He was there when the small-minded small-town folk outcast me for not being from their town since birth. He was definitely there when I threw my first punch in self-defense. He was there when I started fighting regularly to earn my place in the hierarchy of small-town life. Every detention, every cut, every bruise… all in an attempt to defend myself from bullies and the cruelty of other children, Ares was there with a hand on my shoulder guiding me.
I’m sure it would disgust many to know that he encouraged me to fight, but what sort of doormat would I be now if I had simply rolled over and taken it? I was beaten on a regular basis for being a… as was so colorfully told to me within a week of starting school in the new town, “nigger lover.” In fact, I remember the exact words uttered by a boy I had developed an early crush on. One day he turned to me, in class, and said, “Nigger lover, go home. We don’t want you here.” All because I had black friends when I lived in Milwaukee. The teacher did nothing.
I won’t go into detail of my school years. That’s where my health problems started to manifest and years of misdiagnosis began. Even so, Ares was at my side.
Now, I’ll take a moment to say that unless I’m in formalized ritual or prayer… or talking of him to others, I only ever refer to him, when speaking to him, as Sir. Even now, at 31 years old, I still call him Sir. He deserves my respect.
I became very interested, after discovering a book on Wicca… a Scott Cunningham book, if you care to know, in how the Greeks would have done things. Thanks to the rise of the internet in the late 90s, I found a few mailing lists and a group out of Madison trying to recreate practices. In both venues, I was… as I put it, booed out of Hellenic Reconstrucionalism. Ares wasn’t liked by a lot of the writers and thinkers of ancient times and therefore, a lot of modern interpretations of the ancient religion assume the same mindset. I was told, rudely, that no one followed Ares. That he had no temples, no organized worship and was hated throughout the Greek lands.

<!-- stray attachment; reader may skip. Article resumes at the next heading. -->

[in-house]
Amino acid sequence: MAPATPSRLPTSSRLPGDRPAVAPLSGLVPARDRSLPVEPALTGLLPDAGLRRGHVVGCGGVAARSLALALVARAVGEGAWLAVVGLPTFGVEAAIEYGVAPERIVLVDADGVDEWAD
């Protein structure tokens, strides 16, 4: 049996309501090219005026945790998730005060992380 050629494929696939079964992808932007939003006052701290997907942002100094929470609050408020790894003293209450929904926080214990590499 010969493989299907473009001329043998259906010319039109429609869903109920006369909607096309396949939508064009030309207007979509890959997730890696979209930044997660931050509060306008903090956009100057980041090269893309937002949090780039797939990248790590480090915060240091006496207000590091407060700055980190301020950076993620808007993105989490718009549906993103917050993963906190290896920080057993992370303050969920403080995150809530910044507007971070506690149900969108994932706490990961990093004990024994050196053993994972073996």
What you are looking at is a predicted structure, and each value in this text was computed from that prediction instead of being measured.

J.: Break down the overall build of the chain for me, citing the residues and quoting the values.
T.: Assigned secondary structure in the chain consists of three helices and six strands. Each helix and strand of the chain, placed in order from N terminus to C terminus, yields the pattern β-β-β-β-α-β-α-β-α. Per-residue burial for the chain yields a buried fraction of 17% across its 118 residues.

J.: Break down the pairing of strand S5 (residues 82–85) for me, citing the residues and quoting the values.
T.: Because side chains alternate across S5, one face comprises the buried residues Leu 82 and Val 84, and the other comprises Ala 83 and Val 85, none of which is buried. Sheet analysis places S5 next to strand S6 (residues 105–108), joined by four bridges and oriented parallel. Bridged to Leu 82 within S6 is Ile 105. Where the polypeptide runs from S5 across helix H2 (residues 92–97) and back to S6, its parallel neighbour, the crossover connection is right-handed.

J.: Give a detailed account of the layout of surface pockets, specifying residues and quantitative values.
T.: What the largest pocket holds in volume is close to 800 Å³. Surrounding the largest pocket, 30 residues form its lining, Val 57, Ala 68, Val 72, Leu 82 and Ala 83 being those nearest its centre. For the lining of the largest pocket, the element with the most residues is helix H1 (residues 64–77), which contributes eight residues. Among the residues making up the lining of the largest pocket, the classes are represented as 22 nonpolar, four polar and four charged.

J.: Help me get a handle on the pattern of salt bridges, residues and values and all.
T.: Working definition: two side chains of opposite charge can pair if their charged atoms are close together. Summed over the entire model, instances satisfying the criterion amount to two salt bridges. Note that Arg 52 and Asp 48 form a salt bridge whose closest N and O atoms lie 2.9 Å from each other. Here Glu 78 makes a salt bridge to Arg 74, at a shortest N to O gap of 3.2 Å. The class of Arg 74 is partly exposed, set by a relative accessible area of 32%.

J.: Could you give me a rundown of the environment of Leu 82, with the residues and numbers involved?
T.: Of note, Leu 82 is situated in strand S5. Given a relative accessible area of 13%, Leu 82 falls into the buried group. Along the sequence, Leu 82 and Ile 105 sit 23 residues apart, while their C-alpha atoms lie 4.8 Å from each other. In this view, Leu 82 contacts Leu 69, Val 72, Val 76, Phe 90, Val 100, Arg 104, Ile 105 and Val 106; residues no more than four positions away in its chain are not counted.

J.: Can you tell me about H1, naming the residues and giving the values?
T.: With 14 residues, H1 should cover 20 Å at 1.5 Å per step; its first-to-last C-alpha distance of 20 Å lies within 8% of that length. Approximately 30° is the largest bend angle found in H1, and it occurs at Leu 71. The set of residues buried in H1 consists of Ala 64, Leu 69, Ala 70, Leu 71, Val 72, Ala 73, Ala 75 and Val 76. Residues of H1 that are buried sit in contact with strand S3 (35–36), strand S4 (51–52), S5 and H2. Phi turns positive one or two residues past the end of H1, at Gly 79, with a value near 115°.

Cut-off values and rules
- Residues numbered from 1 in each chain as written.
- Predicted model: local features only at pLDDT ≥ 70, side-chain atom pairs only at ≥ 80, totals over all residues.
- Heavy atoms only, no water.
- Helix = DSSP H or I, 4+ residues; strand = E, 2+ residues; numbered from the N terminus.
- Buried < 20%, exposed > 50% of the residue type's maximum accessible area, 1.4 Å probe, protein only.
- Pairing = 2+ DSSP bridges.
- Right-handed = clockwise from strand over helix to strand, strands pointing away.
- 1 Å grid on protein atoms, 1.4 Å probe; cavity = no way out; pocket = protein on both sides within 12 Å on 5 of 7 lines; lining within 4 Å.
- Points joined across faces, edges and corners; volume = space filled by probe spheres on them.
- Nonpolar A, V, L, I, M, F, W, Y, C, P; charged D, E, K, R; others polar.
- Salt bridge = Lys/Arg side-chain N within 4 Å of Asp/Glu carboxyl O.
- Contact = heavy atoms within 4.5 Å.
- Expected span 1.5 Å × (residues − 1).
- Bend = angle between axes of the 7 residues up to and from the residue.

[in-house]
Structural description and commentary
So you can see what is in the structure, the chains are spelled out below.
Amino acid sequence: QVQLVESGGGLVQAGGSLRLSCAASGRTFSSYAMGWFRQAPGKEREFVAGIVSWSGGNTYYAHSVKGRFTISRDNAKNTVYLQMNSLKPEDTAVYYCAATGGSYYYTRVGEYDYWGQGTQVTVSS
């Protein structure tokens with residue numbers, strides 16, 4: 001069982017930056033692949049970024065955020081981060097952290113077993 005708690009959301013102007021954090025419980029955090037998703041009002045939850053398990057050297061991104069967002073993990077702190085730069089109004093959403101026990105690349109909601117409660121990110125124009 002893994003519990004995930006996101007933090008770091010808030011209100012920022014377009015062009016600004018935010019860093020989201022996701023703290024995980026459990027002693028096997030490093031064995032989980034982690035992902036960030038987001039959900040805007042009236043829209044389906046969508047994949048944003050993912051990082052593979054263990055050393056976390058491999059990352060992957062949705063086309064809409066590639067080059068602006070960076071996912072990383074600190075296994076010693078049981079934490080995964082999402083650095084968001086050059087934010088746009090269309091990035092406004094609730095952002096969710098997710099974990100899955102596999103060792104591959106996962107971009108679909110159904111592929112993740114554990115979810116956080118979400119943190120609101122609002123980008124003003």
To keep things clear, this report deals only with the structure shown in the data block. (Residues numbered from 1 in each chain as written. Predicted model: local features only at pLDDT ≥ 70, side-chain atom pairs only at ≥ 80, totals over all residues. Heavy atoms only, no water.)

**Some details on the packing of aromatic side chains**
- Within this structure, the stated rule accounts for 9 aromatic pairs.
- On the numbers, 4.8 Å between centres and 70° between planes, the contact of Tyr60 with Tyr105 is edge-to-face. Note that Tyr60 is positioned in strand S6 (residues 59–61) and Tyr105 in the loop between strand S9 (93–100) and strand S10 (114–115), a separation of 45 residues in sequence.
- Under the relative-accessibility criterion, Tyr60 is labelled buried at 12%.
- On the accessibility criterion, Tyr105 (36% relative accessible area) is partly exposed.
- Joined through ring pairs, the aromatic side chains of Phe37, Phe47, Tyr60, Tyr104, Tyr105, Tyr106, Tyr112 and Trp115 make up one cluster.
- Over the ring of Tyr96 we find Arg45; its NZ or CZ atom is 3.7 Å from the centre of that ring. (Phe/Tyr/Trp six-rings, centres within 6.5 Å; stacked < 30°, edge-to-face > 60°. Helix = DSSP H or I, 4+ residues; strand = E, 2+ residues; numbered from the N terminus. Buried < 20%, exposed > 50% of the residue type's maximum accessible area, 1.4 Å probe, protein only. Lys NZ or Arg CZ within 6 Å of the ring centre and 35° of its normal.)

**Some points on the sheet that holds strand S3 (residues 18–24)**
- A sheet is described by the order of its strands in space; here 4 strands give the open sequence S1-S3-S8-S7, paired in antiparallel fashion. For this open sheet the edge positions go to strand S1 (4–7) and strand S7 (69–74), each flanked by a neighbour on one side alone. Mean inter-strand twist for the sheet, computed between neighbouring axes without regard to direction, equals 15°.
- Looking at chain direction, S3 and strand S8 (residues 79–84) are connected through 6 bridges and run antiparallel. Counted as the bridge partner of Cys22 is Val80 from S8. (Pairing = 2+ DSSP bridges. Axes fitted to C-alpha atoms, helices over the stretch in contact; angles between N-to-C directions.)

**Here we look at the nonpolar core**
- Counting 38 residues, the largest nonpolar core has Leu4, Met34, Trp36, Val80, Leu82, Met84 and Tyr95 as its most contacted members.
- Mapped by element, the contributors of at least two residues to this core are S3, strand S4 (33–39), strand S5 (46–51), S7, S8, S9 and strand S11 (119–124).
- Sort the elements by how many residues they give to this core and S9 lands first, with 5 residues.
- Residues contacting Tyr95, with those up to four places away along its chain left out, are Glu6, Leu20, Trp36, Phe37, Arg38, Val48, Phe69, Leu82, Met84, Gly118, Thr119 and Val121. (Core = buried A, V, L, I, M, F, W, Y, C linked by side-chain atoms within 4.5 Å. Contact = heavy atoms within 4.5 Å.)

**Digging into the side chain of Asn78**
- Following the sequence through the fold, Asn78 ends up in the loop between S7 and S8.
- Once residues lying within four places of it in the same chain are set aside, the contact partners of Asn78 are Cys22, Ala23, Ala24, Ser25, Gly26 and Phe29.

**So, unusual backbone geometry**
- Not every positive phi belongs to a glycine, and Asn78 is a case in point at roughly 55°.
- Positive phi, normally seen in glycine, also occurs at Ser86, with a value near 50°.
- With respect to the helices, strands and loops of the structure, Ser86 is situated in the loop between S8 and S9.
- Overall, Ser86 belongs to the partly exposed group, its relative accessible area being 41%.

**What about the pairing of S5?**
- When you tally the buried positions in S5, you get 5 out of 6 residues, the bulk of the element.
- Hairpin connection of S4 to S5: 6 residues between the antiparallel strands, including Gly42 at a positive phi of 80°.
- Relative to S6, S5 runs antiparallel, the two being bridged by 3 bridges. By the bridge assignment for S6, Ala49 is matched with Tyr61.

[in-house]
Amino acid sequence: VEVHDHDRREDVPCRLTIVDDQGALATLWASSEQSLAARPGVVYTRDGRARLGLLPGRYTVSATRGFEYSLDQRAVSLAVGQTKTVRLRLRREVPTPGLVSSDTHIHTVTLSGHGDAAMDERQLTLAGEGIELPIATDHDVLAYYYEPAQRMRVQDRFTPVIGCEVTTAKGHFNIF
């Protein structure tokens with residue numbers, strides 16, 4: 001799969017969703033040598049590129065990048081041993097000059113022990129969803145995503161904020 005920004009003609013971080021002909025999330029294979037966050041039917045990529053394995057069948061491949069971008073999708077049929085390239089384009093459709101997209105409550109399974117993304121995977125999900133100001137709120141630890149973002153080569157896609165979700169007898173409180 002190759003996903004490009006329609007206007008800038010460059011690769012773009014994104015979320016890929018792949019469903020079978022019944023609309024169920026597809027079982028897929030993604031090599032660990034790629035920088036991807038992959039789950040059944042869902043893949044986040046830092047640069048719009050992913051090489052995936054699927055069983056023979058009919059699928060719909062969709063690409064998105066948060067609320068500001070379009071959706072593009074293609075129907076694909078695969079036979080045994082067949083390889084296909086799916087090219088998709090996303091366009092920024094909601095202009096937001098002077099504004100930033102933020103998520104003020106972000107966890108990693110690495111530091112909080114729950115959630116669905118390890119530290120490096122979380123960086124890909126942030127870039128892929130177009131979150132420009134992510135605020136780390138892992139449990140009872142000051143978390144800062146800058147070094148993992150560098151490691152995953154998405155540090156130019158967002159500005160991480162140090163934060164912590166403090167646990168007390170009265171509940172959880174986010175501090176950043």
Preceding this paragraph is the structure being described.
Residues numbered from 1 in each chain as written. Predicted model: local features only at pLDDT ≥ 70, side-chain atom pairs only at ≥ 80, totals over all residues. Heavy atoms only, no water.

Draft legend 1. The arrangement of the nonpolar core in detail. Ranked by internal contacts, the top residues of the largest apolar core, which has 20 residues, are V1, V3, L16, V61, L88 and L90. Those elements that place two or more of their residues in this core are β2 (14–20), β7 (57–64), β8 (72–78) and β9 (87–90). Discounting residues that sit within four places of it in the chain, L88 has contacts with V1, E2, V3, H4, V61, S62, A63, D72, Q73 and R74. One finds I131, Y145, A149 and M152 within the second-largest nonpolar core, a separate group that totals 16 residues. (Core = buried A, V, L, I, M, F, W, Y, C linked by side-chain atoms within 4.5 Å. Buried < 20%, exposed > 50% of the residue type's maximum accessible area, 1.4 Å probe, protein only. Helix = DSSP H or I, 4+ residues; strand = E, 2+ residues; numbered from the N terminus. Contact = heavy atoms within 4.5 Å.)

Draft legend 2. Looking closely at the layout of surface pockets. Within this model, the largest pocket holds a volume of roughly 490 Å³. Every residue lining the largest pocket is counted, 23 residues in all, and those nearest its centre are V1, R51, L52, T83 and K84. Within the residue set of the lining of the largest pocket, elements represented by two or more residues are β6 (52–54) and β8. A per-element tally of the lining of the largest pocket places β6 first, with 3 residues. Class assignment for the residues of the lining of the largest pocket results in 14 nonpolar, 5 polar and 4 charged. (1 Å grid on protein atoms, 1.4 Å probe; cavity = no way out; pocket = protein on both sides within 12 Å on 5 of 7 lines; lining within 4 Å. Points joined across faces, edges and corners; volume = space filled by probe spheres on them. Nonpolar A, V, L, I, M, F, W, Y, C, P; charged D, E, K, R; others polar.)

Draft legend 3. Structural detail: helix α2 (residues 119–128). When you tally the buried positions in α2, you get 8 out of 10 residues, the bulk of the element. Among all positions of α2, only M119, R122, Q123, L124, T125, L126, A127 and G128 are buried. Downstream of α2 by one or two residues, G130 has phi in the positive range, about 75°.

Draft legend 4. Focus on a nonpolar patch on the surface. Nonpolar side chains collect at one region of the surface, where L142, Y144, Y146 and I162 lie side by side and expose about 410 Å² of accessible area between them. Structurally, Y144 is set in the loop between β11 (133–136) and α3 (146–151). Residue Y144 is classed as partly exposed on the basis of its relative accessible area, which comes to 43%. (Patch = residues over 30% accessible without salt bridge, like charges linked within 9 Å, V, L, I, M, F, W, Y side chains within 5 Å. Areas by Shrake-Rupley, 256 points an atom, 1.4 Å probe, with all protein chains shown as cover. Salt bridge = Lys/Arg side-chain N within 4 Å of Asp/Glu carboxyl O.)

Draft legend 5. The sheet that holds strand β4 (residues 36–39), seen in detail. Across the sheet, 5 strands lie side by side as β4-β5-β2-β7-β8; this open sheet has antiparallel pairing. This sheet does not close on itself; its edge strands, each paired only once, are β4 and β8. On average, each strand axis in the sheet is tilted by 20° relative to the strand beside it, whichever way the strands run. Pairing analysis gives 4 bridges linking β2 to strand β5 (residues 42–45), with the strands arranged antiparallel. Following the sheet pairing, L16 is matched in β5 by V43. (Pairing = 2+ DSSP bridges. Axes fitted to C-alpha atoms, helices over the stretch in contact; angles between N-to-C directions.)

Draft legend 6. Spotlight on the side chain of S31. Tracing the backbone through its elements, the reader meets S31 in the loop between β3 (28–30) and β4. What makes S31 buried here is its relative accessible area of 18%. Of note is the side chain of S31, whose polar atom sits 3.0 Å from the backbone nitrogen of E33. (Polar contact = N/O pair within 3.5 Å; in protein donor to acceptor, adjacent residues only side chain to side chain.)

But this couldn’t be true, could it? This god who had stood by my side through some very difficult times couldn’t possibly have been hated. Was he not loved by Love? Did he not love Love? Did he not sire two love gods? Did he not avenge his daughter Alcippe’s rape? How could this god be wrong to worship or honor? And why were these people questioning my relationship with him?
I left Hellenic Reconstructionalism very disappointed and heartbroken.
That didn’t last for long, though, if twelve or so years isn’t a long time.